Broadband Communities

AUG-SEP 2015

BROADBAND COMMUNITIES is the leading source of information on digital and broadband technologies for buildings and communities. Our editorial aims to accelerate the deployment of Fiber-To-The-Home and Fiber-To-The-Premises.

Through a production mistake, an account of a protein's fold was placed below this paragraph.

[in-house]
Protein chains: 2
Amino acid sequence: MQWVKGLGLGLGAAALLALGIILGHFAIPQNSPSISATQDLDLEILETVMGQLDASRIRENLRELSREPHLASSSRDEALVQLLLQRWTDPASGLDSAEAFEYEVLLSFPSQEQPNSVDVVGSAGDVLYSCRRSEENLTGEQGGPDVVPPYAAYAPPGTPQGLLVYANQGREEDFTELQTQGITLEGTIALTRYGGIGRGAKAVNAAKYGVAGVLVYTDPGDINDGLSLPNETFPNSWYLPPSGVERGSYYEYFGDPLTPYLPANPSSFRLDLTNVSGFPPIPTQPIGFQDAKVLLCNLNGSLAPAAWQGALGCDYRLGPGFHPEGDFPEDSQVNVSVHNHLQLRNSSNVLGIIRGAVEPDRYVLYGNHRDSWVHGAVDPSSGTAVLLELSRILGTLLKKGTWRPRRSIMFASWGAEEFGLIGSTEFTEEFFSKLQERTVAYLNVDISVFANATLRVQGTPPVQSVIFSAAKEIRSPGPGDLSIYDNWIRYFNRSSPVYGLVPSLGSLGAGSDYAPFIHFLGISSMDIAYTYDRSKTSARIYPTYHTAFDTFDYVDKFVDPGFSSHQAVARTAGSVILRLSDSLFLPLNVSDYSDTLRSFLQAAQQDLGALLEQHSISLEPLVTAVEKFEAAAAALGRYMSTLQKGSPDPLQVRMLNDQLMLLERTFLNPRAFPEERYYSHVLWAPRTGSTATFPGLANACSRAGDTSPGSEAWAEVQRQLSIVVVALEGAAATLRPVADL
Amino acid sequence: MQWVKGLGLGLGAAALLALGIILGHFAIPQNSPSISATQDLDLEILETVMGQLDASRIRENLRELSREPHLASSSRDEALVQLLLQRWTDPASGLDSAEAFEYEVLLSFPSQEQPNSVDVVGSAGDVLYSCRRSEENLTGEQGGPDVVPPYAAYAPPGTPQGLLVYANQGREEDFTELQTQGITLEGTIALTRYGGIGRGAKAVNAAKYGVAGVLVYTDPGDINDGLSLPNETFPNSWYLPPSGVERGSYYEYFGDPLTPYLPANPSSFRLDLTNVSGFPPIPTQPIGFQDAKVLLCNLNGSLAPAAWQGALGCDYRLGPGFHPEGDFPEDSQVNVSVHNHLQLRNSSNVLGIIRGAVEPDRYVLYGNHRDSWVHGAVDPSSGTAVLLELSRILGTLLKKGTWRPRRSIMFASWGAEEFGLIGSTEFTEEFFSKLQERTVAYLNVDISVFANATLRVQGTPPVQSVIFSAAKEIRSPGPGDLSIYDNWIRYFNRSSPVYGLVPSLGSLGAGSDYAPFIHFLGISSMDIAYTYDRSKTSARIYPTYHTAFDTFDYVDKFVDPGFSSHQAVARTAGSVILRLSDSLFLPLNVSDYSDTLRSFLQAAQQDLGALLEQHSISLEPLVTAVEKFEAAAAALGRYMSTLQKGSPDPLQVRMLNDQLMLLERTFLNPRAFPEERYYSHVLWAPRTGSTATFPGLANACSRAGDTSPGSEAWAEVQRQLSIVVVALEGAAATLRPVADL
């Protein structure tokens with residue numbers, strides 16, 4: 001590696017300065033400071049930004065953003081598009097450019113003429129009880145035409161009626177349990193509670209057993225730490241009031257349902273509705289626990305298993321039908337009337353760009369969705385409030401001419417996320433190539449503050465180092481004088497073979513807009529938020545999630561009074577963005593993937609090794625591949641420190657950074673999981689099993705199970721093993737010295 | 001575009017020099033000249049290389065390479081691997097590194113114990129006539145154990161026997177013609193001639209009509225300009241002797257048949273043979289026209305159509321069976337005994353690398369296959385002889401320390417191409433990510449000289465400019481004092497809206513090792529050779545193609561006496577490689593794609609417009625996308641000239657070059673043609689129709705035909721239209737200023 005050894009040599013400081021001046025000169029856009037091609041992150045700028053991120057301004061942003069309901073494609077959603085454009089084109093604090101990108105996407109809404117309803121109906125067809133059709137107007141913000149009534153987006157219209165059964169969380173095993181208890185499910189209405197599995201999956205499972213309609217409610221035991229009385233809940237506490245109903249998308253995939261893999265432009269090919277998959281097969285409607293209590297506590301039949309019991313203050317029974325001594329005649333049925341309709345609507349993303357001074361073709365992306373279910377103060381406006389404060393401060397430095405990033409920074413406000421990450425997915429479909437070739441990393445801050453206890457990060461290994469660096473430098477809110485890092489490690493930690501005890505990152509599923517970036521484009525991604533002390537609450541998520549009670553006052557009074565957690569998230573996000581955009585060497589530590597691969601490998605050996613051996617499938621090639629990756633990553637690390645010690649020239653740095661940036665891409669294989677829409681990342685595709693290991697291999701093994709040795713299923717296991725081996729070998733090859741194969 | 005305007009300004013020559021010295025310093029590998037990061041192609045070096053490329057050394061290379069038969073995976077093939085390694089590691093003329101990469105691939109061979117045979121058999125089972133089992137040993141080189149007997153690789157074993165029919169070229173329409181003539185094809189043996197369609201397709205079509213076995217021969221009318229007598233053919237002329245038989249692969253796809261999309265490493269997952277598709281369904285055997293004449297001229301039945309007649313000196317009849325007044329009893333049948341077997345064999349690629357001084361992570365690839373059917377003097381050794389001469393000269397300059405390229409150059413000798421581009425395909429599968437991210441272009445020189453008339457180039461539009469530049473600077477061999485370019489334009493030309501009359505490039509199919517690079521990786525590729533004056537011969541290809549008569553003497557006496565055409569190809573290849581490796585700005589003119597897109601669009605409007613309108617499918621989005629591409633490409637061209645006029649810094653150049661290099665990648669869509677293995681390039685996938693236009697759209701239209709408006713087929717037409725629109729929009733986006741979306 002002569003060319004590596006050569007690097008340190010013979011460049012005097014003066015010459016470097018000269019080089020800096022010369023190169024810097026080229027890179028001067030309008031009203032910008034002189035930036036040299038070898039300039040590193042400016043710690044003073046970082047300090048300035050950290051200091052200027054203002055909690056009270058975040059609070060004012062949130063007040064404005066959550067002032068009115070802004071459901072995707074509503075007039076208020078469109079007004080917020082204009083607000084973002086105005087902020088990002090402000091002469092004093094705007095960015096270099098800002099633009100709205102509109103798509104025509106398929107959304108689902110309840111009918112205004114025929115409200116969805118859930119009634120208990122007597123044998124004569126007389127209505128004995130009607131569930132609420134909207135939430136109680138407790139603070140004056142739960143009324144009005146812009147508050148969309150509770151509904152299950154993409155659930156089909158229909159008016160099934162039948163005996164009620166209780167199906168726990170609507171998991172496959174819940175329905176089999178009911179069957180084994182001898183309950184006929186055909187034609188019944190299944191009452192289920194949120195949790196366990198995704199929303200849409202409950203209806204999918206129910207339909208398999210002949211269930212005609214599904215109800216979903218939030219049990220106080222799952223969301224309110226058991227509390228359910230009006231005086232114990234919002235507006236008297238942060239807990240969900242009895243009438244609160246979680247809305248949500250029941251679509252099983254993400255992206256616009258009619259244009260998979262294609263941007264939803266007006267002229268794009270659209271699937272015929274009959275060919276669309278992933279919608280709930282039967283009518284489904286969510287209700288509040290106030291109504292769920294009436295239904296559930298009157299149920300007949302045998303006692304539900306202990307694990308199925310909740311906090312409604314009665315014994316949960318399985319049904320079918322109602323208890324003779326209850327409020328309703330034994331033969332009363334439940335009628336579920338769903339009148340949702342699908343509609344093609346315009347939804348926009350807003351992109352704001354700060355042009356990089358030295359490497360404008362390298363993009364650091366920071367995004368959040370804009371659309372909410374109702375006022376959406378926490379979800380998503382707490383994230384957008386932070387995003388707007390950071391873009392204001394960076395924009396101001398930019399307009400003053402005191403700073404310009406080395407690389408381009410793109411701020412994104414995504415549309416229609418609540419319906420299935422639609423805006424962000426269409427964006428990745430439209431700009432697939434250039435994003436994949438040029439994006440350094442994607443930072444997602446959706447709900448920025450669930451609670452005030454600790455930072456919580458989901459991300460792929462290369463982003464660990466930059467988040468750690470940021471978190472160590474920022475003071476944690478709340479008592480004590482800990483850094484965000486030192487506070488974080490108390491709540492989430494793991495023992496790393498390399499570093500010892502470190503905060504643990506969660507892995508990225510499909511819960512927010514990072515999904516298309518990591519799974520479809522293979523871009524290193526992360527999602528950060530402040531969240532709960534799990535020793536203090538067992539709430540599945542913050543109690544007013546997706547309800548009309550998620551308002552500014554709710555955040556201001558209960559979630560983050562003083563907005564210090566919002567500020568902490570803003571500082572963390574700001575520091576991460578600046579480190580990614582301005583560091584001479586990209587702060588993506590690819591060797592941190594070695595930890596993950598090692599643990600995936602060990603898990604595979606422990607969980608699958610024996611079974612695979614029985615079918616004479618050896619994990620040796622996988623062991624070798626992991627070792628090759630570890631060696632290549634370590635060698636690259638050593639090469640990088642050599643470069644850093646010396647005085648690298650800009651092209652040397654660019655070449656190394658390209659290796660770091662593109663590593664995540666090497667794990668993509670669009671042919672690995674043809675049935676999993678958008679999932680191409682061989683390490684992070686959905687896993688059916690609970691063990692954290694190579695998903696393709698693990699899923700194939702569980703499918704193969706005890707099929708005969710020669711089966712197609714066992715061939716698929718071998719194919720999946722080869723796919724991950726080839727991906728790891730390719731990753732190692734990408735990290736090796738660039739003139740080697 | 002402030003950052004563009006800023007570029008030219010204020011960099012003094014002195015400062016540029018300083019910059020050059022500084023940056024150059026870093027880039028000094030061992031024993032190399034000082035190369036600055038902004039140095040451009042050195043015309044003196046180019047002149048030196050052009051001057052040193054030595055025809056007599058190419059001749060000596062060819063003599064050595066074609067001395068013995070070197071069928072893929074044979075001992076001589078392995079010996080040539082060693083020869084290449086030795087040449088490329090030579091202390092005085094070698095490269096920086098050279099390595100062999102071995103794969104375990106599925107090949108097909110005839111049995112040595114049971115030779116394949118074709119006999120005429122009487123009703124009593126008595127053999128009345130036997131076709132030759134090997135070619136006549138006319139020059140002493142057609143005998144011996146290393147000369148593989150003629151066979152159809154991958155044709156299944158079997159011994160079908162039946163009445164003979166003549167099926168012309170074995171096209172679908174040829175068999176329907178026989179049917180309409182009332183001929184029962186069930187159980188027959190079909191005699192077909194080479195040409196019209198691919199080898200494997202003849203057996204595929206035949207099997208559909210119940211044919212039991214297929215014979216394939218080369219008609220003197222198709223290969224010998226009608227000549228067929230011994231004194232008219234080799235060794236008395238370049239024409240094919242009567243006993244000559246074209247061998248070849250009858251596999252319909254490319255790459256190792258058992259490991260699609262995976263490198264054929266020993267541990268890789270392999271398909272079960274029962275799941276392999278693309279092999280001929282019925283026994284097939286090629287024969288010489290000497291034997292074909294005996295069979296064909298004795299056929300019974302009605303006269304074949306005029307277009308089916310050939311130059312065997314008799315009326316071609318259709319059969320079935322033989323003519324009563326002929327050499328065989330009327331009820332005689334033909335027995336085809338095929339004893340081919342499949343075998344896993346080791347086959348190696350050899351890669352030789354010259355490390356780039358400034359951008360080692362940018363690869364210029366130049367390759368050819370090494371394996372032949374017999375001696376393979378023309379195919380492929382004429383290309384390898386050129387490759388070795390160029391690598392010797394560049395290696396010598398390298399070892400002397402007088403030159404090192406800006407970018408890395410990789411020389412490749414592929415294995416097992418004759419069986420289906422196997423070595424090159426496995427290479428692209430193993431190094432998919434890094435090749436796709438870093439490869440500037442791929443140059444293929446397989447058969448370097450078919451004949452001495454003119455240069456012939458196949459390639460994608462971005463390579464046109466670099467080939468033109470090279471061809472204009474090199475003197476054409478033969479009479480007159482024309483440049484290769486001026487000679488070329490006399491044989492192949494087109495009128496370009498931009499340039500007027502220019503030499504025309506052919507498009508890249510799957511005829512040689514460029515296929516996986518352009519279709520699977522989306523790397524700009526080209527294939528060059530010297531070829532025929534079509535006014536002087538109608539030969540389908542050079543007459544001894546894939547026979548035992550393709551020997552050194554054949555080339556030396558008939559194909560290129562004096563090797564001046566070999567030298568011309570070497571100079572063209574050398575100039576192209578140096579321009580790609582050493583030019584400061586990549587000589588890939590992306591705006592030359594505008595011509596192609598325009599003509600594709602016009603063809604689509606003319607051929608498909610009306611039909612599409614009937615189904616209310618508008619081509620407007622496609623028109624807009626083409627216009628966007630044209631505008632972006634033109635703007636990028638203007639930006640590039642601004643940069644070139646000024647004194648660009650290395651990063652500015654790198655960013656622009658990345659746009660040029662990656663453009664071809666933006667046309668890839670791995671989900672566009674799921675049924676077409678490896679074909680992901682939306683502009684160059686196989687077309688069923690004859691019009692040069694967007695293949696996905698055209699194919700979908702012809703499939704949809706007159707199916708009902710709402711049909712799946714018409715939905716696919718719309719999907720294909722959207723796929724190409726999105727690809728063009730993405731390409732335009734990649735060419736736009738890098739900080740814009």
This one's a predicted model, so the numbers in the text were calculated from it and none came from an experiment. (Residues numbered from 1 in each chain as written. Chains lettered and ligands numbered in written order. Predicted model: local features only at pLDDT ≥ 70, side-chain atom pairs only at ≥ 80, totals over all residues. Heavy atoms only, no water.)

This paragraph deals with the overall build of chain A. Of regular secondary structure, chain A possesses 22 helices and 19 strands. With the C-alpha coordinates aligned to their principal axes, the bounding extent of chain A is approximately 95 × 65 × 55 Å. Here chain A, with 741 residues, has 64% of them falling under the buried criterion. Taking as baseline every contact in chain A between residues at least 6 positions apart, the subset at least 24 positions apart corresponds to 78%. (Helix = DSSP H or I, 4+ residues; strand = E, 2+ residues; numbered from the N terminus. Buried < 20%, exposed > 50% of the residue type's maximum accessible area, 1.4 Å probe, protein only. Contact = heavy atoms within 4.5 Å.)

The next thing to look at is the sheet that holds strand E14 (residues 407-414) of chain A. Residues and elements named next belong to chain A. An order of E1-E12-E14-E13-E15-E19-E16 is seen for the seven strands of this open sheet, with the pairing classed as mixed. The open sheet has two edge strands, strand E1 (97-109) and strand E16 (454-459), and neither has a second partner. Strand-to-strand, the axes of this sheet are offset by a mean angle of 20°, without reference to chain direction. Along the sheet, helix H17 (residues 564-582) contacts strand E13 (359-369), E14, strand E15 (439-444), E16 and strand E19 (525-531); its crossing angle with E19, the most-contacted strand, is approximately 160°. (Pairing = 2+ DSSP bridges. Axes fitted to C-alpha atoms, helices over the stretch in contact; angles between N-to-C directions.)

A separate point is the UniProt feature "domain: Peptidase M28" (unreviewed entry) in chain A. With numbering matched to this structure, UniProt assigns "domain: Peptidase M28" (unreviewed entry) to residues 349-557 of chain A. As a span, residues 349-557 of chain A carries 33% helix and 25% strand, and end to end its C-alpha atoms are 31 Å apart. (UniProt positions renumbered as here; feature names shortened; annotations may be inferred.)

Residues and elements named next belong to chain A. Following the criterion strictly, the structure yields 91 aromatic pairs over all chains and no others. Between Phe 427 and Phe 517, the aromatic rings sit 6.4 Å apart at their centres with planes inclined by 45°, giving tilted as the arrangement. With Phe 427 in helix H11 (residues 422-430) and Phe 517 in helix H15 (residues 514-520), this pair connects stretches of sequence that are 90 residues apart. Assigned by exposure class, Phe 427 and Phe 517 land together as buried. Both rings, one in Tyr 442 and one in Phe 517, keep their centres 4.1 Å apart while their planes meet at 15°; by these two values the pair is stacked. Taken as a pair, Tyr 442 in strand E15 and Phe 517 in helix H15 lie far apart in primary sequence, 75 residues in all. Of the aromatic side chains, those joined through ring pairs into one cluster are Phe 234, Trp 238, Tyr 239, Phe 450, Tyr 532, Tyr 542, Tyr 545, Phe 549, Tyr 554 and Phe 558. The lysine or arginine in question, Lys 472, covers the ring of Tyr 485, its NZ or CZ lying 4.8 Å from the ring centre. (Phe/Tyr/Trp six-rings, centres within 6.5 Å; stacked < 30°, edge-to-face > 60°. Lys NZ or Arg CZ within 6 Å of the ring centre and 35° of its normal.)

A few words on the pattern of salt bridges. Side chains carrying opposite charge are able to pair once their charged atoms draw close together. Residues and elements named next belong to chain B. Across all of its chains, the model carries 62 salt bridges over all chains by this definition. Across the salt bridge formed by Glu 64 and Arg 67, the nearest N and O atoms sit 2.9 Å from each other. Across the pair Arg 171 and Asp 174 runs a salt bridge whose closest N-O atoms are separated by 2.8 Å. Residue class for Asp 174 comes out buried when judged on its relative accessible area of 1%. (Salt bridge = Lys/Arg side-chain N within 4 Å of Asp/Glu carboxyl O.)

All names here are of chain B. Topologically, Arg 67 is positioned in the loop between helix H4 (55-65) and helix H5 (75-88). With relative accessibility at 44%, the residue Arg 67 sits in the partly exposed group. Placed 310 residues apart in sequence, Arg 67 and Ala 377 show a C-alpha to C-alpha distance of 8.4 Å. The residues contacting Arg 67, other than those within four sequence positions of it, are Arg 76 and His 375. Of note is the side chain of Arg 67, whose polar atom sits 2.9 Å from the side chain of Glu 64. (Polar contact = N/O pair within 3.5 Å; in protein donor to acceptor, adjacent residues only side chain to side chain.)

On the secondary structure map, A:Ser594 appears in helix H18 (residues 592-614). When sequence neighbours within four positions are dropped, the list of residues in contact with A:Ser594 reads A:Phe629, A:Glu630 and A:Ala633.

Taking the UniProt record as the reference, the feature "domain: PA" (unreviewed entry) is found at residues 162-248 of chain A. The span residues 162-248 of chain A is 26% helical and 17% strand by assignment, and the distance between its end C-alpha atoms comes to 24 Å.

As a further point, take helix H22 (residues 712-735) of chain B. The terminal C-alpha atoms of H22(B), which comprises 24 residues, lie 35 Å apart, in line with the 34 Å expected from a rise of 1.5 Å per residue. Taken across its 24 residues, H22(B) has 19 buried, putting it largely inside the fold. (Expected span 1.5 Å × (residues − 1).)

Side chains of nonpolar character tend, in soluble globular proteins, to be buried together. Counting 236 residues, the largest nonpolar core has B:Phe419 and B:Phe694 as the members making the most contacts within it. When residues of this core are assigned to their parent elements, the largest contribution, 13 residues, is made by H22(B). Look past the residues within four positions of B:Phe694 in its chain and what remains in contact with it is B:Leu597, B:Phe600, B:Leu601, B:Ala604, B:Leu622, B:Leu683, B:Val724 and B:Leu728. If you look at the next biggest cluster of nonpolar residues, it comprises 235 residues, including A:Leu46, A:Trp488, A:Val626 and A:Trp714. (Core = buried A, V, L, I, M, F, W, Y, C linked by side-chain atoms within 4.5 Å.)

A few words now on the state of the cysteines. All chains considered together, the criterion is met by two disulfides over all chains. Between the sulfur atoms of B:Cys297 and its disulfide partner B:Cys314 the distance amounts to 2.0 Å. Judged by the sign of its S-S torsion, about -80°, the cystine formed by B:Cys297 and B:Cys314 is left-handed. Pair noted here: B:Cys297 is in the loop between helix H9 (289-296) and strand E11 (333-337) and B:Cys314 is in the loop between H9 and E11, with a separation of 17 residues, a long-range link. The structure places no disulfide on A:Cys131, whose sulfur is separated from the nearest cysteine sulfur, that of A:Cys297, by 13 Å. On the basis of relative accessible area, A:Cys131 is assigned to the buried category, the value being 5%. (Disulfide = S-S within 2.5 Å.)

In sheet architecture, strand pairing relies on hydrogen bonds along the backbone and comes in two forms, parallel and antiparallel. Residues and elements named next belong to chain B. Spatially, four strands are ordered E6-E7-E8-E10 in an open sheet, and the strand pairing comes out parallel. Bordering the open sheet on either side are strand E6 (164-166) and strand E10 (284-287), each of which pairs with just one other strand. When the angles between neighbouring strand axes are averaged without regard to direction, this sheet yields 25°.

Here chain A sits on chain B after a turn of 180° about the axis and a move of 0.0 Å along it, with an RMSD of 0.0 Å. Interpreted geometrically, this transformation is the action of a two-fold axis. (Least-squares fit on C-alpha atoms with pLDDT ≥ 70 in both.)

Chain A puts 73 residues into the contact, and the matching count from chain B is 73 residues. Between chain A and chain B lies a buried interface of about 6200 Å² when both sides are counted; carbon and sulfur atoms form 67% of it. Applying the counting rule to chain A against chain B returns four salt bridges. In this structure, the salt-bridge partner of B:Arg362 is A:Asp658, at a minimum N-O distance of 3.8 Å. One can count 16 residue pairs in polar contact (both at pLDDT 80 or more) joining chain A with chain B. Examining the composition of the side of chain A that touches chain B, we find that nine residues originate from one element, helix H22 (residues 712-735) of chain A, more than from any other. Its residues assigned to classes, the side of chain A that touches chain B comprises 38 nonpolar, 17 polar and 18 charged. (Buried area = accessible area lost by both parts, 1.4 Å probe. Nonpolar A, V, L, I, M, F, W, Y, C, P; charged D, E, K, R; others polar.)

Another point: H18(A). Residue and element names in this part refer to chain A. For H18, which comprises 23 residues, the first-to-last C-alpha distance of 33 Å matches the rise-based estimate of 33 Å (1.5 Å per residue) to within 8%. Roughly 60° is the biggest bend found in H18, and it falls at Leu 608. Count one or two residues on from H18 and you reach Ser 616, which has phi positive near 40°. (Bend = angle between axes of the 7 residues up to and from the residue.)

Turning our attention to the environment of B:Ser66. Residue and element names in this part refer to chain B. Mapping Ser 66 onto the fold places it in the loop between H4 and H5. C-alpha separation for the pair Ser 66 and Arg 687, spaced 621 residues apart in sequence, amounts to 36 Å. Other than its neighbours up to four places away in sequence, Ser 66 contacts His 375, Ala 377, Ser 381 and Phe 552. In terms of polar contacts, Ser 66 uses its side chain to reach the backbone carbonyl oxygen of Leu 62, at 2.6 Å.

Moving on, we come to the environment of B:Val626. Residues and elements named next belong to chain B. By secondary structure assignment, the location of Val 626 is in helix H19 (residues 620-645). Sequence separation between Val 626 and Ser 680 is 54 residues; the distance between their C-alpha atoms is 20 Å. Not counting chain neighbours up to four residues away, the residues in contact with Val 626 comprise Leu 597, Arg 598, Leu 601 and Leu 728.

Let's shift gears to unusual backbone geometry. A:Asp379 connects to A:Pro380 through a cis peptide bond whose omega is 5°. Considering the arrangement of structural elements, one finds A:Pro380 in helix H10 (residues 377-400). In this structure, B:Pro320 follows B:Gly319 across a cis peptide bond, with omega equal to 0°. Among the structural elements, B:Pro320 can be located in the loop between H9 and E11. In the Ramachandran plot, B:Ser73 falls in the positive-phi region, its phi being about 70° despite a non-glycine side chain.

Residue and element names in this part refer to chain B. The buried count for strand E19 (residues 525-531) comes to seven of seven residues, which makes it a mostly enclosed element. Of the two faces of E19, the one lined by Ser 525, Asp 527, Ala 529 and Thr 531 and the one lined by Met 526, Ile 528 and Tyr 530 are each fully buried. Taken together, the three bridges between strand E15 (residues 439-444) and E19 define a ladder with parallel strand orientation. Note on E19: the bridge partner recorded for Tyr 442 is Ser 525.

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32 | BROADBAND COMMUNITIES | | AUGUST/SEPTEMBER 2015 COMMUNITY BROADBAND A Fiber to Every Premises CTgig's public-private, open-access model aims to provide economic development and low-income support to every address in Connecticut. By Bill Vallée / Connecticut State Broadband Ofce T here is ample demand for afordable, gigabit-level access across Connecticut. High-tech businesses and higher education institutions, both well represented in the state, depend on digitally manipulating massive data sets and transferring results around the world for manufacturing, health and medical processes, and educational resources. In spite of that demand, gigabit broadband in Connecticut is either unavailable or prohibitively expensive, a problem equally signifcant for small businesses, community anchor institutions and residential premises. Te state, too, has essential public policy goals that depend on access to broadband. It has the widest demographic gap of any state for student educational achievement, and, even though it has the highest per capita income in the United States, it has several of the poorest, most crime-ridden cities in the country. Supplying low-cost broadband access to every address could ameliorate these problems, at least in part. Te state's long-term vision is one fber line to every premises, including residences, businesses, and community anchor institutions – just as there now exists one electric line, one water line and a road to every premises. MUNICIPALITIES GET INVOLVED To remedy the lack of afordable, reliable broadband, Connecticut municipalities want to fnd highly motivated, high-caliber private sector partners that will fnance, build and manage communitywide, open-access, fber-to- the-premises (FTTP) networks. Municipalities traditionally build infrastructure such as roads and bridges to create economic development and jobs. Tey have stepped up to address broadband infrastructure because they are aware of the problems their neighborhoods, businesses and community anchor institutions confront. After all, municipal leaders are the ones who get the phone calls when city systems fail. Tough the Internet is located in cyberspace, municipalities own the ground and have a central role in regulating the physical elements of the Internet located in the public rights of way (streets, utility poles and underground conduit). In short, justice in today's municipalities requires equal access to the Internet and other utility resources, and local leaders are responsible for making certain that all residents and businesses have a fair share of digital resources. Te digital divide may be only one division among people living and companies operating in Connecticut, but in the 21st century, it is one of the most profound and potentially damaging disruptions. For background on CTgig, see Gigabits Across Connecticut in the January- February 2015 issue of this magazine. BBC_Jan15_GigabitsConnecticut.pdf

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